Postpartum Hemorrhage – Medications to Treat Uterine Atony 

ACOG defines PPH as cumulative blood loss ≥ 1,000 mL or blood loss accompanied by signs or symptoms of hypovolemia within 24 hours after the birth process (including intrapartum) regardless of route of delivery. Unfortunately, postpartum hemorrhage (PPH) is still a leading cause of maternal mortality worldwide.  Following this summary, you can find excellent professional resources at the California Maternal Quality Care Collaborative (CMQCC) and ACOG District II Safe Motherhood Initiative sites. 

CLINICAL ACTIONS:

In the setting of PPH, consider the 4 ‘T’s

  • Tone (atony)
  • Trauma (laceration)
  • Tissue (retained products)
  • Thrombin (coagulopathy)

Uterine atony is the single most common cause of PPH (70-80%)

  • Empty bladder, perform bimanual pelvic exam, remove clots and initiate uterine massage
  • There is lack of evidence to determine which specific uterotonics are superior (good and consistent scientific evidence – ACOG level A)
    • Choice at provider’s discretion
  • If uterine atony is identified,  the following drugs have been shown to be effective:
DRUG
DOSE
CONTRA
INDICATIONS
Oxytocin (Pitocin)
10-40 units per 500-1000ml solution continuous infusion
OR
10 units IM
Hypersensitivity to this medication
Methyl-ergonovine (Methergine)
0.2 mg IM every 2 to 4 hours
Avoid: Hypertension, Preeclampsia, Cardiovascular Disease
Prostaglandin F2 Alpha (Hemabate)
250 micrograms IM (may repeat in q15 – 90 minutes, maximum 8 doses)
OR
Intramyometrial: 250 micrograms
Avoid: Asthma
Caution: Hypertension, Active Hepatic, Pulmonary, Cardiac Disease
Misoprostol (Cytotec)
600 – 1000 micrograms PR, PO or SL
 
Hypersensitivity to this medication

NOTE: Contraindications include hypersensitivity to the specific medication

More on Tranexamic Acid (TXA)

ACOG Update (2017)

  • In the WOMAN trial (see Related OBG Topics below) women with PPH received
    • 1 g in 10 mL (100 mg/mL) of tranexamic acid intravenously at a rate of 1 mL per min (i.e., over 10 min)
    • If bleeding continued after 30 min or stopped and restarted within 24 h of the first dose, a second dose of 1 g of tranexamic acid could be given
  • Tranexamic acid, administered within 3 hours of birth, has been shown to significantly reduce maternal death due to PPH by approximately 30%
  • Based on improved outcomes and lack of adverse events including thromboembolism, ACOG has updated the practice bulletin to include the following

Although the generalizability of the WOMAN trial and the degree of effect in the United States is uncertain, given the mortality reduction findings, tranexamic acid should be considered in the setting of obstetric hemorrhage when initial medical therapy fails. (Level B evidence)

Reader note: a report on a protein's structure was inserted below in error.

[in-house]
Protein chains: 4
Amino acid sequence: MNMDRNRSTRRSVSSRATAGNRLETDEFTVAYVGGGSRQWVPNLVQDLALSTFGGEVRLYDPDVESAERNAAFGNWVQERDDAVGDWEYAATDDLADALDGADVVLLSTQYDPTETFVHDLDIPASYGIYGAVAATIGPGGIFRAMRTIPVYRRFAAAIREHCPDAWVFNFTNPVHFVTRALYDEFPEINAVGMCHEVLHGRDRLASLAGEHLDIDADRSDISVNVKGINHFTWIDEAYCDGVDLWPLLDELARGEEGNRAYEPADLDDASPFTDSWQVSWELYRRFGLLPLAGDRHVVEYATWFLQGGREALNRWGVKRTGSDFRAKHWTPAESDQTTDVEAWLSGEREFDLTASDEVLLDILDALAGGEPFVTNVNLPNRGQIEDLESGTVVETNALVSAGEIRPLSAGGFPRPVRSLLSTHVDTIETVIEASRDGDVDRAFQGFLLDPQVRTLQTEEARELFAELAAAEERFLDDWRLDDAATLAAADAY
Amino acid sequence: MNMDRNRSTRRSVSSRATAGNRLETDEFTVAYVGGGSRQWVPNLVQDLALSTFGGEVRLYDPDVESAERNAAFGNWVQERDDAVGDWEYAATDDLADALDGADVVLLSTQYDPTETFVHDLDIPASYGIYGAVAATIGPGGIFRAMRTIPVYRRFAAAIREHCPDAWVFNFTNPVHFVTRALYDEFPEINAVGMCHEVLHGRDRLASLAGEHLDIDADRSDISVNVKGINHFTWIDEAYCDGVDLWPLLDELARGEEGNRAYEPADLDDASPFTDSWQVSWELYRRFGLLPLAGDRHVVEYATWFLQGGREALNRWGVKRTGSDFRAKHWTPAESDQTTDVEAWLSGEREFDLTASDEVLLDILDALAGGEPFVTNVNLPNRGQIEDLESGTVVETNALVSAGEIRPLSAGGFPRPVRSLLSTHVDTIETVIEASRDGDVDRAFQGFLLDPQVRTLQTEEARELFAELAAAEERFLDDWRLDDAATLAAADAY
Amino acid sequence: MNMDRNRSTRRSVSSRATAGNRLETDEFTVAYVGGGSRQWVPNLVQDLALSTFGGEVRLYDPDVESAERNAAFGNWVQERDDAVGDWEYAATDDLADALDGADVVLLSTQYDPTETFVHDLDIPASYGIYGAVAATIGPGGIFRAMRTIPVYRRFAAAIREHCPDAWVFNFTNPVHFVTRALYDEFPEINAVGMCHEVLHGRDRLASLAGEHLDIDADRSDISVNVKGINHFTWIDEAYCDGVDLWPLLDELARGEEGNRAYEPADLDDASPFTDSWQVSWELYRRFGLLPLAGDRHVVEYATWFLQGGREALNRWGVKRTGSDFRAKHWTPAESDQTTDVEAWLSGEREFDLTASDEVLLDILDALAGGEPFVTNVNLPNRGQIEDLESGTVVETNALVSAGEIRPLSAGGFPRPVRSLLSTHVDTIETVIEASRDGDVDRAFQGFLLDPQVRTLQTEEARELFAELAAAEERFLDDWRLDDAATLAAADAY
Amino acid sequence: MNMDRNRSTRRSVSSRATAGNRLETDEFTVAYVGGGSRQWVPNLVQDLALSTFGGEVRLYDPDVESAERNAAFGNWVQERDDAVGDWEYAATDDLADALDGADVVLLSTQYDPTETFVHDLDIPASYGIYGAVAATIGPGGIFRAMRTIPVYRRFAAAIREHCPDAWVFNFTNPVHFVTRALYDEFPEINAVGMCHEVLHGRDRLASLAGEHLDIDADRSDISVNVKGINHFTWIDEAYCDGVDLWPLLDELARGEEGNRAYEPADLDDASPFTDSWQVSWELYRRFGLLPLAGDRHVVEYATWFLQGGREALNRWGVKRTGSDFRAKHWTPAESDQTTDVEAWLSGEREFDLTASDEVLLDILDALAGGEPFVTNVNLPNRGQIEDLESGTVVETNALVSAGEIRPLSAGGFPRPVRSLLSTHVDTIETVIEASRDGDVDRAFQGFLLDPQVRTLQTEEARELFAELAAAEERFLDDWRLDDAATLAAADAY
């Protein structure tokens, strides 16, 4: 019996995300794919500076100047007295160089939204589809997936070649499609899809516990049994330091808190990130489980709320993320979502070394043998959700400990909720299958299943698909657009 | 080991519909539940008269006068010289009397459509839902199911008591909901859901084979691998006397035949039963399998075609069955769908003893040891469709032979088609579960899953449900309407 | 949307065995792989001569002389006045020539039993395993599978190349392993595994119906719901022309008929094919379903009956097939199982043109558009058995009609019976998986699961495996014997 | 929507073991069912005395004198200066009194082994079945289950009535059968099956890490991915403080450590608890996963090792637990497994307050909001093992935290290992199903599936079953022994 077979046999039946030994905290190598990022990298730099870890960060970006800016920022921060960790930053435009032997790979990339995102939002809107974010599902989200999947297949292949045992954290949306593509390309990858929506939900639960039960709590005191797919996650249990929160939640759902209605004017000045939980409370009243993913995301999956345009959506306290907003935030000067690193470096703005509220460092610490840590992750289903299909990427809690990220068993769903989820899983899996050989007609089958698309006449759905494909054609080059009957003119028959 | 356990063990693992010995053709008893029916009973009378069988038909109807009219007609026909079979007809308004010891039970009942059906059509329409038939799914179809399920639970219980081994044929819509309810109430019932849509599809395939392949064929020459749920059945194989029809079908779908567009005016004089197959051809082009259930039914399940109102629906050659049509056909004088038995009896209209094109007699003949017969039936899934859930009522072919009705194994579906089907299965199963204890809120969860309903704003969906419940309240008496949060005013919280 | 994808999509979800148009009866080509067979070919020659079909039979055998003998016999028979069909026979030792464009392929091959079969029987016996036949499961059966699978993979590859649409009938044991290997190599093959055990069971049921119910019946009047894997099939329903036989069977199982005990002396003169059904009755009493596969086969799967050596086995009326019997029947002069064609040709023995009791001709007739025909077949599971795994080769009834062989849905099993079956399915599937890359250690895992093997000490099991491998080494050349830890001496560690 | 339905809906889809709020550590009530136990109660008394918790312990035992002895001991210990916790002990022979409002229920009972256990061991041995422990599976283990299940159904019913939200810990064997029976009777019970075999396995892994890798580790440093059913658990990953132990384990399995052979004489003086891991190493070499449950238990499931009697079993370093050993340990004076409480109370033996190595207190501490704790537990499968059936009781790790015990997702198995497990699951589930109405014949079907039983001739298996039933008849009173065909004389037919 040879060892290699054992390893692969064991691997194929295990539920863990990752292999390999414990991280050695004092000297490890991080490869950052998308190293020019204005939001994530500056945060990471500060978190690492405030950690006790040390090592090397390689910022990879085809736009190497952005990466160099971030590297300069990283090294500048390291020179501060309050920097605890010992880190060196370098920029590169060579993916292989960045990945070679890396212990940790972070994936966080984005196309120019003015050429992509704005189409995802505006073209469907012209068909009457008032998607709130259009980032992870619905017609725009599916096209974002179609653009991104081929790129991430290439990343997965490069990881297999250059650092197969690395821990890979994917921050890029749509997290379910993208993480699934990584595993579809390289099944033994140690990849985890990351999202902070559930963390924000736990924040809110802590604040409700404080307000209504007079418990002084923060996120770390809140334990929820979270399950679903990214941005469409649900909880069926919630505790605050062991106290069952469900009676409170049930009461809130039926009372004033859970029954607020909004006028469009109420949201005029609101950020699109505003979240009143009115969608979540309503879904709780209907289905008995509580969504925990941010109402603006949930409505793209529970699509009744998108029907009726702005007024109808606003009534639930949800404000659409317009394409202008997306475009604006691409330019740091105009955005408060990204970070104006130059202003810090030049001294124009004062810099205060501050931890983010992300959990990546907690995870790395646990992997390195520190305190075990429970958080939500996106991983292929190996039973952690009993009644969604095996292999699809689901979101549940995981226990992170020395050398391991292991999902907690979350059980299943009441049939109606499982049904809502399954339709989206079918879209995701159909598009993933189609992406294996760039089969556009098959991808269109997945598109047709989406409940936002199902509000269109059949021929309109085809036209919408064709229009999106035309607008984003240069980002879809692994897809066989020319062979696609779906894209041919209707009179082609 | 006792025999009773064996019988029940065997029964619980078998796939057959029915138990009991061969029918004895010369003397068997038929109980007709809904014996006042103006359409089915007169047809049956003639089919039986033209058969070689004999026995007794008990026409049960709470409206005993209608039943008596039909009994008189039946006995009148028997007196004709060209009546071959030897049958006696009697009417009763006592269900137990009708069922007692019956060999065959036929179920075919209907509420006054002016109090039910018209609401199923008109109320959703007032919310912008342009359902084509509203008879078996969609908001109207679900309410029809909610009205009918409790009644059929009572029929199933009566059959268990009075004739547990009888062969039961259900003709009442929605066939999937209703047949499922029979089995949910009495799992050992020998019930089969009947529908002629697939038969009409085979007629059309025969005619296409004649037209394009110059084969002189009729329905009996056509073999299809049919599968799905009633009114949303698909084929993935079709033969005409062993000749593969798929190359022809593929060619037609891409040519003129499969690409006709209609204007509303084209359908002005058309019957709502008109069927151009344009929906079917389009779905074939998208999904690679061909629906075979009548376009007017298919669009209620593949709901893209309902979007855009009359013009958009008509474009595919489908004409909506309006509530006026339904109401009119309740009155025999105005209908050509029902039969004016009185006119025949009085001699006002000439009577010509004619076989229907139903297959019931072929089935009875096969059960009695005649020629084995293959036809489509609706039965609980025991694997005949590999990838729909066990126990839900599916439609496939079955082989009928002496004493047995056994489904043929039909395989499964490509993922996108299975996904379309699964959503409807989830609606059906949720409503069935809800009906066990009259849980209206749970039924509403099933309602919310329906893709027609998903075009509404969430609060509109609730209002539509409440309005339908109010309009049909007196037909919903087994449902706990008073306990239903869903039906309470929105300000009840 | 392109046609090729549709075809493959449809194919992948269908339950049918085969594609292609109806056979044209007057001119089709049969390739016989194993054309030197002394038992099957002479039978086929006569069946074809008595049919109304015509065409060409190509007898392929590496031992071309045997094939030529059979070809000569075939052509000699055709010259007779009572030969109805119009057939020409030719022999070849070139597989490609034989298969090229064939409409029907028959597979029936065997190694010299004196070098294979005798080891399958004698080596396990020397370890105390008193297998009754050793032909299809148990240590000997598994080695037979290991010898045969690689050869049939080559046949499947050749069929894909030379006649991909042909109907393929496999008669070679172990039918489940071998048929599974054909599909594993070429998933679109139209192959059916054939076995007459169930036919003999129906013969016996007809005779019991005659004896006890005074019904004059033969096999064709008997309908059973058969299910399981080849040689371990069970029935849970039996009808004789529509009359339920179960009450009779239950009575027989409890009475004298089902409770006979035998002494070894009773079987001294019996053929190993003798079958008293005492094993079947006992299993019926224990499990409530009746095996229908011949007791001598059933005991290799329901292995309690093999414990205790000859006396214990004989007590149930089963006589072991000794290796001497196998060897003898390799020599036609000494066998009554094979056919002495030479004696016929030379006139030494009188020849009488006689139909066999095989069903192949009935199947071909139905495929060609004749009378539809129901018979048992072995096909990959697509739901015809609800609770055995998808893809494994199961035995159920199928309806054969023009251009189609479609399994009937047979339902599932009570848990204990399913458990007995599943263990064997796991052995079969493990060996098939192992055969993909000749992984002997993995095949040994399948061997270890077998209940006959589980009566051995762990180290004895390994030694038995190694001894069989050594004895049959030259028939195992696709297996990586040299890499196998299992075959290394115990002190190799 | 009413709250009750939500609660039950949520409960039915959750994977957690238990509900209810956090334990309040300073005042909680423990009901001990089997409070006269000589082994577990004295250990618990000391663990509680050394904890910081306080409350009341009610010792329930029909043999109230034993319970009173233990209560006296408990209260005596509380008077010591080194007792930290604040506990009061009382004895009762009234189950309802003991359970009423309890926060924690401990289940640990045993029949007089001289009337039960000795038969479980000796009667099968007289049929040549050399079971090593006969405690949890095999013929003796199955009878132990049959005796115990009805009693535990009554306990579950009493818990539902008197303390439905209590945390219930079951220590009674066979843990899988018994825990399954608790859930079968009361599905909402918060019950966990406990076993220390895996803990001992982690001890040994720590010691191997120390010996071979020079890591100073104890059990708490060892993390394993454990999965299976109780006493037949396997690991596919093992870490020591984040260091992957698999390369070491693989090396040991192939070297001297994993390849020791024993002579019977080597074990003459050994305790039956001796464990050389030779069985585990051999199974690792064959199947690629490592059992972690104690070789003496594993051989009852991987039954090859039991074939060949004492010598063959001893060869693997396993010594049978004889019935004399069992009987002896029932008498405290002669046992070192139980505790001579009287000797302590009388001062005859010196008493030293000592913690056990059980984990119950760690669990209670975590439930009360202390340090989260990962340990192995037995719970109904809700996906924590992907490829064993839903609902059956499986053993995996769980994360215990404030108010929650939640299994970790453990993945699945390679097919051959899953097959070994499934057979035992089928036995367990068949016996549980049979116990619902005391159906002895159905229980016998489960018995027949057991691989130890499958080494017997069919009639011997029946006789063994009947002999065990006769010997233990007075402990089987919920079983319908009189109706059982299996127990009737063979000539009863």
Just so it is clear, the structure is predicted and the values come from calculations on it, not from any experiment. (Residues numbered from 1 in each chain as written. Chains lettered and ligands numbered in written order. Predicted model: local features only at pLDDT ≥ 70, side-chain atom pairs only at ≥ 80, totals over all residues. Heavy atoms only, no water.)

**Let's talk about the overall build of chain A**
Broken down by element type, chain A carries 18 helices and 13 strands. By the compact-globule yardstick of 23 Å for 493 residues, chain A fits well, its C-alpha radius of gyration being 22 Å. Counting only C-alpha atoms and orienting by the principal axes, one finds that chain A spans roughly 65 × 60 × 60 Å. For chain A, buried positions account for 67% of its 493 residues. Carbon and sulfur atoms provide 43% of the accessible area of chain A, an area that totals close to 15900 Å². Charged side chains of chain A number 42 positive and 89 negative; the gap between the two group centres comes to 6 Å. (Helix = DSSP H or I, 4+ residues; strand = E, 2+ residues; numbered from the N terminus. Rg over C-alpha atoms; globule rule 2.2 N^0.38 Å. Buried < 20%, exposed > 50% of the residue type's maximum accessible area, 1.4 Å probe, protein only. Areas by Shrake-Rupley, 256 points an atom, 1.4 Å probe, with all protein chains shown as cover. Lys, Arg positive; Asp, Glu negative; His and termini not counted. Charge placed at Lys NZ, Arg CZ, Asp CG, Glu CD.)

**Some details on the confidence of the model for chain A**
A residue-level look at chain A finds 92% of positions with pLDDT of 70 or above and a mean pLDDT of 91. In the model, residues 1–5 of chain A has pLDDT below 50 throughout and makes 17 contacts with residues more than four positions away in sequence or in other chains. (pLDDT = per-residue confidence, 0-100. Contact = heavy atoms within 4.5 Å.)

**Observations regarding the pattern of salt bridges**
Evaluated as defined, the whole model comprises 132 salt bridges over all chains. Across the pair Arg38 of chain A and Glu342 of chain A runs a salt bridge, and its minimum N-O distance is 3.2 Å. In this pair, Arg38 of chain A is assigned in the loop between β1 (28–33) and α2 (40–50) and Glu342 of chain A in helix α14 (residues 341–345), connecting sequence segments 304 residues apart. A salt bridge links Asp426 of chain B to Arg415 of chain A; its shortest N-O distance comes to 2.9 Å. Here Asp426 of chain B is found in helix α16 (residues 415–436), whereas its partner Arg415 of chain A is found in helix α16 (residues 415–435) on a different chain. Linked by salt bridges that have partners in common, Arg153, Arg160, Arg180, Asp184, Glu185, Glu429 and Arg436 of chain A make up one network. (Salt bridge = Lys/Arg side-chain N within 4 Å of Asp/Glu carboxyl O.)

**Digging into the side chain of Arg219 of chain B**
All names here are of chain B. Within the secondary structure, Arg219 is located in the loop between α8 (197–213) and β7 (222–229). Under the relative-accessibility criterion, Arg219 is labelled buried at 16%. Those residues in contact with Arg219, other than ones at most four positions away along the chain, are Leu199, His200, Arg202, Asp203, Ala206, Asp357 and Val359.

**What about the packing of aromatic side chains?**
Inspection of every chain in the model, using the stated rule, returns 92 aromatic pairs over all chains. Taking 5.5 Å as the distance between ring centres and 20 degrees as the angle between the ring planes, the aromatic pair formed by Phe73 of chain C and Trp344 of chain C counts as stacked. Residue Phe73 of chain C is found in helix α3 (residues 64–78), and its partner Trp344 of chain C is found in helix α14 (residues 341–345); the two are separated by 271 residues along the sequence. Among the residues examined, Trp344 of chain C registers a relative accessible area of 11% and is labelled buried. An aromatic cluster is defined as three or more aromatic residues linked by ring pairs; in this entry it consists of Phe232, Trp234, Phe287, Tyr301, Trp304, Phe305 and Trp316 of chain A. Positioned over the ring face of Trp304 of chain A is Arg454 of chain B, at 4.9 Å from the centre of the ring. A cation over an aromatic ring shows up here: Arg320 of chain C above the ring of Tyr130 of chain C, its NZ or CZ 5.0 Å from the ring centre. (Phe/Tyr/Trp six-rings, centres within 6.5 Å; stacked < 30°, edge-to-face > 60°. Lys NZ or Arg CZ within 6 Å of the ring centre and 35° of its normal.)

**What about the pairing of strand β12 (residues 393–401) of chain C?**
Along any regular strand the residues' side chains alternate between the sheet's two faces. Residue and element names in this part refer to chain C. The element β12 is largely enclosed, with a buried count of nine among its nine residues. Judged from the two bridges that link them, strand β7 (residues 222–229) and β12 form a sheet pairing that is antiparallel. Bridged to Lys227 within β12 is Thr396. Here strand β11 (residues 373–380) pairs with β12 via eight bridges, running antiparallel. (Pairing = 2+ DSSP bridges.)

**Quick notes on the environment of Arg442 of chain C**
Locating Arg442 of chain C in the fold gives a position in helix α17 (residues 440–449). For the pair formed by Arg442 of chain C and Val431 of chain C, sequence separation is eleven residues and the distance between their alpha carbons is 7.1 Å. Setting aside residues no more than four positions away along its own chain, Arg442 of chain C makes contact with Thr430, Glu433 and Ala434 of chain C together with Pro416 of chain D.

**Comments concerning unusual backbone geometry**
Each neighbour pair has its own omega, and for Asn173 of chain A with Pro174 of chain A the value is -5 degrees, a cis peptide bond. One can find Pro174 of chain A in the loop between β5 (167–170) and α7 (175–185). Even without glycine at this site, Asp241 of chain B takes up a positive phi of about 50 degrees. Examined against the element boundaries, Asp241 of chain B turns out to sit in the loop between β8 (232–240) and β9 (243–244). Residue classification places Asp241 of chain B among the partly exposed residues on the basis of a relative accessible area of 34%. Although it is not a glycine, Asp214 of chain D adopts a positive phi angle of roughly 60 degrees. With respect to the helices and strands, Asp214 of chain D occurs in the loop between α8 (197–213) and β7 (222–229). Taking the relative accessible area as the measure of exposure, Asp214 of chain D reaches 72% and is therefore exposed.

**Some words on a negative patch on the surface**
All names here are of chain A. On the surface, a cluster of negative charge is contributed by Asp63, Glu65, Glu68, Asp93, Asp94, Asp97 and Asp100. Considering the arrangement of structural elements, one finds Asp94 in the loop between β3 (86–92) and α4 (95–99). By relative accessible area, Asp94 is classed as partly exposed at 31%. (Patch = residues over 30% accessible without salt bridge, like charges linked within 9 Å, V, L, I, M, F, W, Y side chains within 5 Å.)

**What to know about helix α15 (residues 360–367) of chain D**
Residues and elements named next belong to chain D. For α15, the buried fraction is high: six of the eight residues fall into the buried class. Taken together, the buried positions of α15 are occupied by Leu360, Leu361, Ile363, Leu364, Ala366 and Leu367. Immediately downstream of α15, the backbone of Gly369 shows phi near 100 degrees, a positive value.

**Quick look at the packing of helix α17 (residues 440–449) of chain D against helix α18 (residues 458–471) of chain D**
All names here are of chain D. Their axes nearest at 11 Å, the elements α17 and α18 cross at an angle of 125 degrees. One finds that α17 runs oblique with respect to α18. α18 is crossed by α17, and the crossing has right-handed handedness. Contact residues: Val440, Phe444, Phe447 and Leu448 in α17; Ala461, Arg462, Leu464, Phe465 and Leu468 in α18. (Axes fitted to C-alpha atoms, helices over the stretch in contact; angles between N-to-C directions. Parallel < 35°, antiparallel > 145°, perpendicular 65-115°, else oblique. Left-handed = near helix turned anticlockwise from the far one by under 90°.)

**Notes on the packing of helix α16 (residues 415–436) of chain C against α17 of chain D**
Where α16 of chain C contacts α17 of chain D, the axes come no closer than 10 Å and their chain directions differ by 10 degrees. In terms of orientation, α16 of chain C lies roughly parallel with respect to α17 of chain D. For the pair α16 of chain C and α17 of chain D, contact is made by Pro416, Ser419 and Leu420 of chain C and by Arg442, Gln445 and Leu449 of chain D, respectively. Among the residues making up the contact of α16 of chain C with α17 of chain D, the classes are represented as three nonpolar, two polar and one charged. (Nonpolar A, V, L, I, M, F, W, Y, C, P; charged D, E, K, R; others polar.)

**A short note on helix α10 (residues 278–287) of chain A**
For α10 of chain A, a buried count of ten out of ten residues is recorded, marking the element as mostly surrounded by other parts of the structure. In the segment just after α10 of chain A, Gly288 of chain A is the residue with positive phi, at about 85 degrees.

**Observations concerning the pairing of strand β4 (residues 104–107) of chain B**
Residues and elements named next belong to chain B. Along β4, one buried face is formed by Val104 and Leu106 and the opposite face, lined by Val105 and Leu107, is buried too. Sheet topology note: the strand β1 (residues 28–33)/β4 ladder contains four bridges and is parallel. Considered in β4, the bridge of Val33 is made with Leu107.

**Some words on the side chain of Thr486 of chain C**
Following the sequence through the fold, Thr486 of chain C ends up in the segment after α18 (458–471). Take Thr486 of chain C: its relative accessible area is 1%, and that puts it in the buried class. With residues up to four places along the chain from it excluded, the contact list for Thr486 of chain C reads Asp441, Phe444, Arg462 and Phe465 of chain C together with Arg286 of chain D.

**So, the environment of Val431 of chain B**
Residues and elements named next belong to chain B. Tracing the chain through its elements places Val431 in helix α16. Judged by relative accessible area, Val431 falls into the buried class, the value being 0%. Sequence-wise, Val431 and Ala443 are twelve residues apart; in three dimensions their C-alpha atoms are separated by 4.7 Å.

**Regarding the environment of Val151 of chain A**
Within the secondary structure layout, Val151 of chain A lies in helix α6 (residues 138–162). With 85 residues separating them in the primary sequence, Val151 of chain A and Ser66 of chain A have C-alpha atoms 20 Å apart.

World Health Organization Update (2017)

Based on evidence review, WHO also supports the use of tranexamic acid with postpartum hemorrhage

Early use of intravenous tranexamic acid (within 3 hours of birth) in addition to standard care is recommended for women with clinically diagnosed postpartum haemorrhage following vaginal birth or caesarean section (Strong recommendation, moderate quality of evidence)

Administration of TXA should be considered as part of the standard PPH treatment package and be administered as soon as possible after onset of bleeding and within 3 hours of birth

The reference point for the start of the 3-hour window for starting TXA administration is time of birth

If time of birth is unknown, the best estimate of time of birth should be used as the reference point

TXA should be used in all cases of PPH, regardless of whether the bleeding is due to genital tract trauma or other causes

CONSIDERATIONS IN COVID POSITIVE PATIENTS

Tranexamic Acid (TXA)

  • COVID-19 appears to be a hypercoagulable state
  • TXA can be considered for the treatment of PPH in keeping with guidance for non-COVID-19 patients
  • However, ACOG states

because of the possible additive effect of the increased risk of thrombosis from COVID-19 infection and the hypercoagulative state of pregnancy, it may be prudent to consider this increased likelihood of clotting before administering TXA for postpartum hemorrhage

Hemabate

  • While Hemabate is not used in asthma due to risk for bronchospasm, patients with COVID-19 have respiratory symptoms consistent with viral pneumonia
  • While there is no data specific to COVID-19 and this medication, “Hemabate is not generally withheld” in patients with viral pneumonia

SYNOPSIS:

The key to managing PPH is identifying the severity of the situation early and quantifying estimated blood loss (EBL).  A second large bore (16 gauge or larger) should be placed and Ringers Lactate used to replace blood loss at 2:1 while, simultaneously as the team is notified, medications are administered to the patient and massive transfusion protocol is initiated.  Initiate fundal massage and place a Foley catheter.